Stringham 250x175

Contact Info

Institution: University of Nevada, Reno

Phone: (775) 784-6755

Address: 1664 N. Virginia Street MS/202 Fleischmann Ag 102, Reno, Nevada 89557, US


Research Disciplines

  • Ecology

  • Ecosystem Services

  • Groundwater Dependent Ecosystems

  • Natural Resource Management

  • Restoration Ecology

  • Plant Communities

  • Rangeland Ecology

  • Grazing Management

  • Riparian Ecosystems

  • Wildfire Restoration

Research Interests

The Stringham Rangeland Ecology Lab strives to produce useful research and tools for managing rangeland and riparian resources in the Great Basin.  Specifically:

  1. Developing state and transition models for upland and riparian systems (reports available on lab website).
  2. Quantifying water availability and vegetation change in response to land management actions
  3. Understanding and improving sustainable grazing management
  4. Developing tools and conducting applied research for land managers
  5. Education program for wildland firefighters
  6. Mahogany response to pinyon-juniper removal
  7. Utilizing livestock as the agent for dispersing native seed on degraded rangelands
  8. Spatial state and transition modeling for management


State and Transition Modeling for Nevada, 2010 to-date.  Models have been developed for major land resource areas 23, 24, 25, 26, 28a and 28b.  Modeling efforts are ongoing in MLRA 29.  STMs are utilized by the Bureau of Land Management for resource planning efforts including fire rehabilitation, grazing permit renewals, fuel reduction treatments and much more.  Total area modeled to-date is approximately 32 million acres.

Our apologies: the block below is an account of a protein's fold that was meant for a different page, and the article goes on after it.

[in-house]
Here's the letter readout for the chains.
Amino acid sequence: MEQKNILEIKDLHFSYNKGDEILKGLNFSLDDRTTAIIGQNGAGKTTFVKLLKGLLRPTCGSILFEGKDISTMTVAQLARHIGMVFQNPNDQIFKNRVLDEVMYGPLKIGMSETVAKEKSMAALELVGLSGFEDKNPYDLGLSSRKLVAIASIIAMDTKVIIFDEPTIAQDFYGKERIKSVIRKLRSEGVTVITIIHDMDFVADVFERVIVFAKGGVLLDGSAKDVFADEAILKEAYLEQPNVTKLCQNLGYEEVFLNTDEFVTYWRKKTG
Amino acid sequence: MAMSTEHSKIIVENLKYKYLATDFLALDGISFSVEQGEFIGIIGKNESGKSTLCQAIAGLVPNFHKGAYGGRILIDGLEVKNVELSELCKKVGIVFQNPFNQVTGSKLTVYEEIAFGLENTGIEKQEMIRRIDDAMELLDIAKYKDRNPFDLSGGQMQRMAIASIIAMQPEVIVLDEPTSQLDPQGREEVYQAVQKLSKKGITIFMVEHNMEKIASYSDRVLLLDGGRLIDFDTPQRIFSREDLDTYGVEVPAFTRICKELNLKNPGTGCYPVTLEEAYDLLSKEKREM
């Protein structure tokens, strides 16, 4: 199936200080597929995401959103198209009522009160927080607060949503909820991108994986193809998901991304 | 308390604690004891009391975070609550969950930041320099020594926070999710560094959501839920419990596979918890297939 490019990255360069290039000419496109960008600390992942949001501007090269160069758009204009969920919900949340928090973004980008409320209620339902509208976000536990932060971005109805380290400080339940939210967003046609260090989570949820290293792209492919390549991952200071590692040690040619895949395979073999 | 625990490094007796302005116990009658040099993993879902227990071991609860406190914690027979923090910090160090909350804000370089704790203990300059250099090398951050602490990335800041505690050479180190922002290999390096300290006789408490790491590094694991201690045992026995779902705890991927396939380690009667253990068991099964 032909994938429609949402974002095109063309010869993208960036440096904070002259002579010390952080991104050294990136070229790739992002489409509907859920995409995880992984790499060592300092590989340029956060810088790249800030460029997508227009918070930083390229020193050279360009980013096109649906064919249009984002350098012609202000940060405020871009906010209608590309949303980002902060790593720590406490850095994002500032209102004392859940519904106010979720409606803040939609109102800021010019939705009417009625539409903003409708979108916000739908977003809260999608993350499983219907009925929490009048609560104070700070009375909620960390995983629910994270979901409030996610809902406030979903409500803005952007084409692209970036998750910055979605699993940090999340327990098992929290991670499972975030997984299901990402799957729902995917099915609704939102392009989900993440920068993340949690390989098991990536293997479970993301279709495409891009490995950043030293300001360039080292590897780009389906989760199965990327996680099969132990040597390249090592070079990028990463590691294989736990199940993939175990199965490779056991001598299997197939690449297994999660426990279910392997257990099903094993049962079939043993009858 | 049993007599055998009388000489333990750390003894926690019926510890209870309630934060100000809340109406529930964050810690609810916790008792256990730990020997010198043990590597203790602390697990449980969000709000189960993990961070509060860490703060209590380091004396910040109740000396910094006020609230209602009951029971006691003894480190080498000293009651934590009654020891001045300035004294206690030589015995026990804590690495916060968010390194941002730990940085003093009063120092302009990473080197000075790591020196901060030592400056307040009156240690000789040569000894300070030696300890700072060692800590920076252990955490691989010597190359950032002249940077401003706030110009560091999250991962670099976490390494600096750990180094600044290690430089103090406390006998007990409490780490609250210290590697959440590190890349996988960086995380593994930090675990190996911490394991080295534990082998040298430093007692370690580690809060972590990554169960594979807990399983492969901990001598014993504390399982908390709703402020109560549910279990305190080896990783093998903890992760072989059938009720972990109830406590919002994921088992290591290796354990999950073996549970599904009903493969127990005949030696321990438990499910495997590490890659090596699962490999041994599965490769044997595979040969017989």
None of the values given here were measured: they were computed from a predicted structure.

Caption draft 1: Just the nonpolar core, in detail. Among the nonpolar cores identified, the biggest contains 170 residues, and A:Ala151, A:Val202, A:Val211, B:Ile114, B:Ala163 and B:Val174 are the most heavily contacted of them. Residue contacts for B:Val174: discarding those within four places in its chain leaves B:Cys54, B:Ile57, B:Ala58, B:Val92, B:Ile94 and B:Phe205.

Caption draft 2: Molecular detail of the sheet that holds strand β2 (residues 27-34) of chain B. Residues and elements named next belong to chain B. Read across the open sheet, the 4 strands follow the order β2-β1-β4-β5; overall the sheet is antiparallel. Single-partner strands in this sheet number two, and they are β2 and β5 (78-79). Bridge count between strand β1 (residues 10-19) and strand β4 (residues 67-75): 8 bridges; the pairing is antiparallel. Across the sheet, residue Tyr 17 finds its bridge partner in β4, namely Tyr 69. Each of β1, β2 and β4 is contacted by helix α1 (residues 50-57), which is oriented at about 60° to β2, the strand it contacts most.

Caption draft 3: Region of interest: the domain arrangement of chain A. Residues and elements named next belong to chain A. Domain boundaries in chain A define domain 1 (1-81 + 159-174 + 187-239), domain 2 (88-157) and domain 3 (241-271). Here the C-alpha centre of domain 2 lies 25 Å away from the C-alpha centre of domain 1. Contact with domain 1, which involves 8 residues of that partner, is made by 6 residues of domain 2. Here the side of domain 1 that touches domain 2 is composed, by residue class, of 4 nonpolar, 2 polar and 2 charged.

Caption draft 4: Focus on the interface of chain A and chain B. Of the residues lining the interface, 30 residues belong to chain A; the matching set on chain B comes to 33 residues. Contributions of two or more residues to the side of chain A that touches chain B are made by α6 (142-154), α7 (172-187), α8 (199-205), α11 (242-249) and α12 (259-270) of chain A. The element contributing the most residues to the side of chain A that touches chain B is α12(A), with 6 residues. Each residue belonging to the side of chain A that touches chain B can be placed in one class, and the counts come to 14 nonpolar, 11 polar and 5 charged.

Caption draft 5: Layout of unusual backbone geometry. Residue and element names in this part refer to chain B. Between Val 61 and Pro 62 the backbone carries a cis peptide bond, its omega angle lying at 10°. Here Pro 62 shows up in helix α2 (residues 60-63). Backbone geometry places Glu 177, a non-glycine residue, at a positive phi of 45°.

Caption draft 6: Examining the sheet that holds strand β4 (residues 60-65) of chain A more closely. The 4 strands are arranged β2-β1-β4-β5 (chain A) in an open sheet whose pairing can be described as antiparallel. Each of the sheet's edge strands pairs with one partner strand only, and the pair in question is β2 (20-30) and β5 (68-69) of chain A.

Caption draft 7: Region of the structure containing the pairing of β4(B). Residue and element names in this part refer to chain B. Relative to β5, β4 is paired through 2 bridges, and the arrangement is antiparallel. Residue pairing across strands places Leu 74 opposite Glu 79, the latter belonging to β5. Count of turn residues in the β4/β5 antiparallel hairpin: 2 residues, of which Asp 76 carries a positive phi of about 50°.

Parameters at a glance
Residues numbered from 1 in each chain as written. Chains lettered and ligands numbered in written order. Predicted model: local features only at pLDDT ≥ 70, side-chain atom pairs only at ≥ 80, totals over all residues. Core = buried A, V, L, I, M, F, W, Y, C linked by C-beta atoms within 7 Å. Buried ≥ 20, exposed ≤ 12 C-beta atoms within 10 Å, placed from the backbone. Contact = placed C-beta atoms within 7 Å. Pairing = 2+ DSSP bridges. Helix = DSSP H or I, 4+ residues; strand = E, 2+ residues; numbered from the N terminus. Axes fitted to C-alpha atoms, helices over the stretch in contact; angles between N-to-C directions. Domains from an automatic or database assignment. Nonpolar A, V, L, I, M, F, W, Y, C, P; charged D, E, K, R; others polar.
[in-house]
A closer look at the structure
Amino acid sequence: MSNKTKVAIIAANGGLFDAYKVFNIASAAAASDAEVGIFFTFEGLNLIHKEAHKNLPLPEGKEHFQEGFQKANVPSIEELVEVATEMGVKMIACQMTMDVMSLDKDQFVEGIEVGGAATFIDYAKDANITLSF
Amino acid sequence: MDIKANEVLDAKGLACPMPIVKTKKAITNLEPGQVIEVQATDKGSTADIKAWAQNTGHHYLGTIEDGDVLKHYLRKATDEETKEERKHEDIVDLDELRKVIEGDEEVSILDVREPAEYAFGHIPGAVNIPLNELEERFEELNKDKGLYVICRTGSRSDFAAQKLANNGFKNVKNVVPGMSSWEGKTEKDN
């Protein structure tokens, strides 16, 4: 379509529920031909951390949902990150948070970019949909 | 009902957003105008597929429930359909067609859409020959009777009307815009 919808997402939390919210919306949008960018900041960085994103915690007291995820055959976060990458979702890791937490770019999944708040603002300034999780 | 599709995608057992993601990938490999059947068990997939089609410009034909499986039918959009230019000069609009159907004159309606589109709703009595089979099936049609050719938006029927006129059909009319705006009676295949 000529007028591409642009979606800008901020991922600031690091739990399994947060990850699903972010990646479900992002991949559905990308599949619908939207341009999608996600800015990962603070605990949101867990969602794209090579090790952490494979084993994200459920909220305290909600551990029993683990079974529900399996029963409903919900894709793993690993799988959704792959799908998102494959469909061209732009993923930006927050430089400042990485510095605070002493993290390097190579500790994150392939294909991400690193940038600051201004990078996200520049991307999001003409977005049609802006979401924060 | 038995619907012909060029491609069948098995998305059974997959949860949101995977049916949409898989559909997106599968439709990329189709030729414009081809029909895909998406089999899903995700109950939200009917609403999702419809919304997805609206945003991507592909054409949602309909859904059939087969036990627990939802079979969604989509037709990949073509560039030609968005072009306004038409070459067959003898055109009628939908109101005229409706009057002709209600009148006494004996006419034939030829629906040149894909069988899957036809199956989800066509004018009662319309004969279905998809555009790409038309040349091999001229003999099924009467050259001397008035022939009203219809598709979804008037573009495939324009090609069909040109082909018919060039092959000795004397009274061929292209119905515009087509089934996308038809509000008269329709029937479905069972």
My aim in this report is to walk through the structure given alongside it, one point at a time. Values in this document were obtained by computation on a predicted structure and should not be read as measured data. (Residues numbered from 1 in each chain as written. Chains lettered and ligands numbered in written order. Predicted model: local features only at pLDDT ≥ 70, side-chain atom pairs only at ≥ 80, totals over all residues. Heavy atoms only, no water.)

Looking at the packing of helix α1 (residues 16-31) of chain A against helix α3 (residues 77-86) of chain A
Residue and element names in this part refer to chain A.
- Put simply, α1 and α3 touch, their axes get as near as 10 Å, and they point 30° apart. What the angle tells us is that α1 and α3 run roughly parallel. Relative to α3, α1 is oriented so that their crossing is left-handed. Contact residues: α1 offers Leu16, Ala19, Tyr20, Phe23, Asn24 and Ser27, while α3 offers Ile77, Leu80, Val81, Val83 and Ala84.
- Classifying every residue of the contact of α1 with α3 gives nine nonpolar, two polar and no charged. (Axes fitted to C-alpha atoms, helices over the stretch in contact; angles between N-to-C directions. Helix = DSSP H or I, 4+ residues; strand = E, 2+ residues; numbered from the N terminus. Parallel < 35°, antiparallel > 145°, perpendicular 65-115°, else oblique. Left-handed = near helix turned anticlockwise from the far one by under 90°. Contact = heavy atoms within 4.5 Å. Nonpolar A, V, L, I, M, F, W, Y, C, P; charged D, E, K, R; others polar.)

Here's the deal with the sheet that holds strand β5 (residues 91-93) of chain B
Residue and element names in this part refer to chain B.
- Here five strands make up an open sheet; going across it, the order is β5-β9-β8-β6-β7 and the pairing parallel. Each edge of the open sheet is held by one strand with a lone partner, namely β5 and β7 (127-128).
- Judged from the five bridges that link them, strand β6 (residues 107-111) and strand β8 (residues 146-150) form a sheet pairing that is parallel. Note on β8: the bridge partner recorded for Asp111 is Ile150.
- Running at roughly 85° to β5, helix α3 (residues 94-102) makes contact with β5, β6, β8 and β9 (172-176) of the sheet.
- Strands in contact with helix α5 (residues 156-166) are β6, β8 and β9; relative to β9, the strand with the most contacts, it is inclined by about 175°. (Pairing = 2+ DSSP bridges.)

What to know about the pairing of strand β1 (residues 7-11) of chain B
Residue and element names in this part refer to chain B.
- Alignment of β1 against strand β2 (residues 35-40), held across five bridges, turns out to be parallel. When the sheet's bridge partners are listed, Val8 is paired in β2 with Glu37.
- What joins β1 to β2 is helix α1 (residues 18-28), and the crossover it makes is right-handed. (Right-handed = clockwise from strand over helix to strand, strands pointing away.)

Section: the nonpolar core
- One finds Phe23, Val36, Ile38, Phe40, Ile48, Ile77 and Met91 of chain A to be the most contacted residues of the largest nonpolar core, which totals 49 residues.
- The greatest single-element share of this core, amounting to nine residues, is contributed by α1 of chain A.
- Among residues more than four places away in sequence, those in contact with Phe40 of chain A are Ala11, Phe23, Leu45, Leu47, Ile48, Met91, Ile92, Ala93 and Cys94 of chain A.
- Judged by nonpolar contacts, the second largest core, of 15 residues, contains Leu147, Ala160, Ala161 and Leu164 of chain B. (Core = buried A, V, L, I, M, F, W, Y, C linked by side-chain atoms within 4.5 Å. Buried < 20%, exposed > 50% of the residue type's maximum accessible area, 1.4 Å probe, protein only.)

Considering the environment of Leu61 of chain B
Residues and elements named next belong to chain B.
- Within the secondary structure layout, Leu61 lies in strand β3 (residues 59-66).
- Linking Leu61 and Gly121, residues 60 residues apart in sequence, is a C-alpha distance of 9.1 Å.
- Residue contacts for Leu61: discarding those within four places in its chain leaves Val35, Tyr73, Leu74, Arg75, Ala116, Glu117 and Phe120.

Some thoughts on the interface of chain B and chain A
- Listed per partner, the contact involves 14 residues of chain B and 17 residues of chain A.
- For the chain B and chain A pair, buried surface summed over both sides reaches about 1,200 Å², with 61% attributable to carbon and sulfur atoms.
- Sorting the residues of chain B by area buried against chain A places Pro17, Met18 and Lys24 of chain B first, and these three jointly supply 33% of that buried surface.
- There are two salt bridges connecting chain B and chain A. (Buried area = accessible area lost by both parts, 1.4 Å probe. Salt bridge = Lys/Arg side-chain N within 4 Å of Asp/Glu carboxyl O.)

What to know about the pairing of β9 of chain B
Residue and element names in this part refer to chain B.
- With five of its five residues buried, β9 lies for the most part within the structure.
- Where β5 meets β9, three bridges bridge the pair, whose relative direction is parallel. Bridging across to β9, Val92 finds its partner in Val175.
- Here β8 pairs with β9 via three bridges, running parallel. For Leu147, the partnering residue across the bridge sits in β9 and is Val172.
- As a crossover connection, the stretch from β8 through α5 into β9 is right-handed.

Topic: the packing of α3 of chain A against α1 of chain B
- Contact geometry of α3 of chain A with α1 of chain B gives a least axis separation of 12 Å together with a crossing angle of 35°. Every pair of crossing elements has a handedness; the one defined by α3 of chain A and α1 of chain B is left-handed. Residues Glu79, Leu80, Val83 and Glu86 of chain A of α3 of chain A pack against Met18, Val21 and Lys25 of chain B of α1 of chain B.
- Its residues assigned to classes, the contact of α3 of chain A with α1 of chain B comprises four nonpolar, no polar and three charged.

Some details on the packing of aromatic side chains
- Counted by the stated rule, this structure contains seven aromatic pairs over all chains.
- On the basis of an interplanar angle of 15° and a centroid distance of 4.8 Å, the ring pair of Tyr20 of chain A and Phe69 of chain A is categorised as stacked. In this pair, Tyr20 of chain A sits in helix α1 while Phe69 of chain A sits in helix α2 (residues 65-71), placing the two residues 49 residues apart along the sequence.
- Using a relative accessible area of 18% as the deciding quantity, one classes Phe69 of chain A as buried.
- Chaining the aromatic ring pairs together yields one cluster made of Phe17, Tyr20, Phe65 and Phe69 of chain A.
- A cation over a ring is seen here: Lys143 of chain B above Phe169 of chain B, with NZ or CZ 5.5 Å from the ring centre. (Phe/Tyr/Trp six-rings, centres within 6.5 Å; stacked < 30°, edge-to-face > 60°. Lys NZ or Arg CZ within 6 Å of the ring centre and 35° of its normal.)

I’m a rangeland and riparian ecologist. I’ve worked, studied, performed research, and played in the cold desert ecosystems of the western United States and the temperate rangelands of the Pacific Northwest and Canada since 1984. The Great Basin is a place exemplified by extremes in elevation, climate, soils, and vegetation with long distances between gas stations and towns. Like the landscape, the people are hardy and interesting and have deep history of caring for the land. I am fascinated by the magnitude and diversity of this desert ecosystem and the challenges faced by both private and public land managers. I want to understand the ecology of this amazing place well enough to assist land managers by providing useful, science-based knowledge and tools for adaptive management.


  • 1996 PhD Rangeland Resources, Oregon State University
  • 1984 M.S. Agricultural Economics, Oregon State University
  • 1981 B.S. Economics, California State University, Chico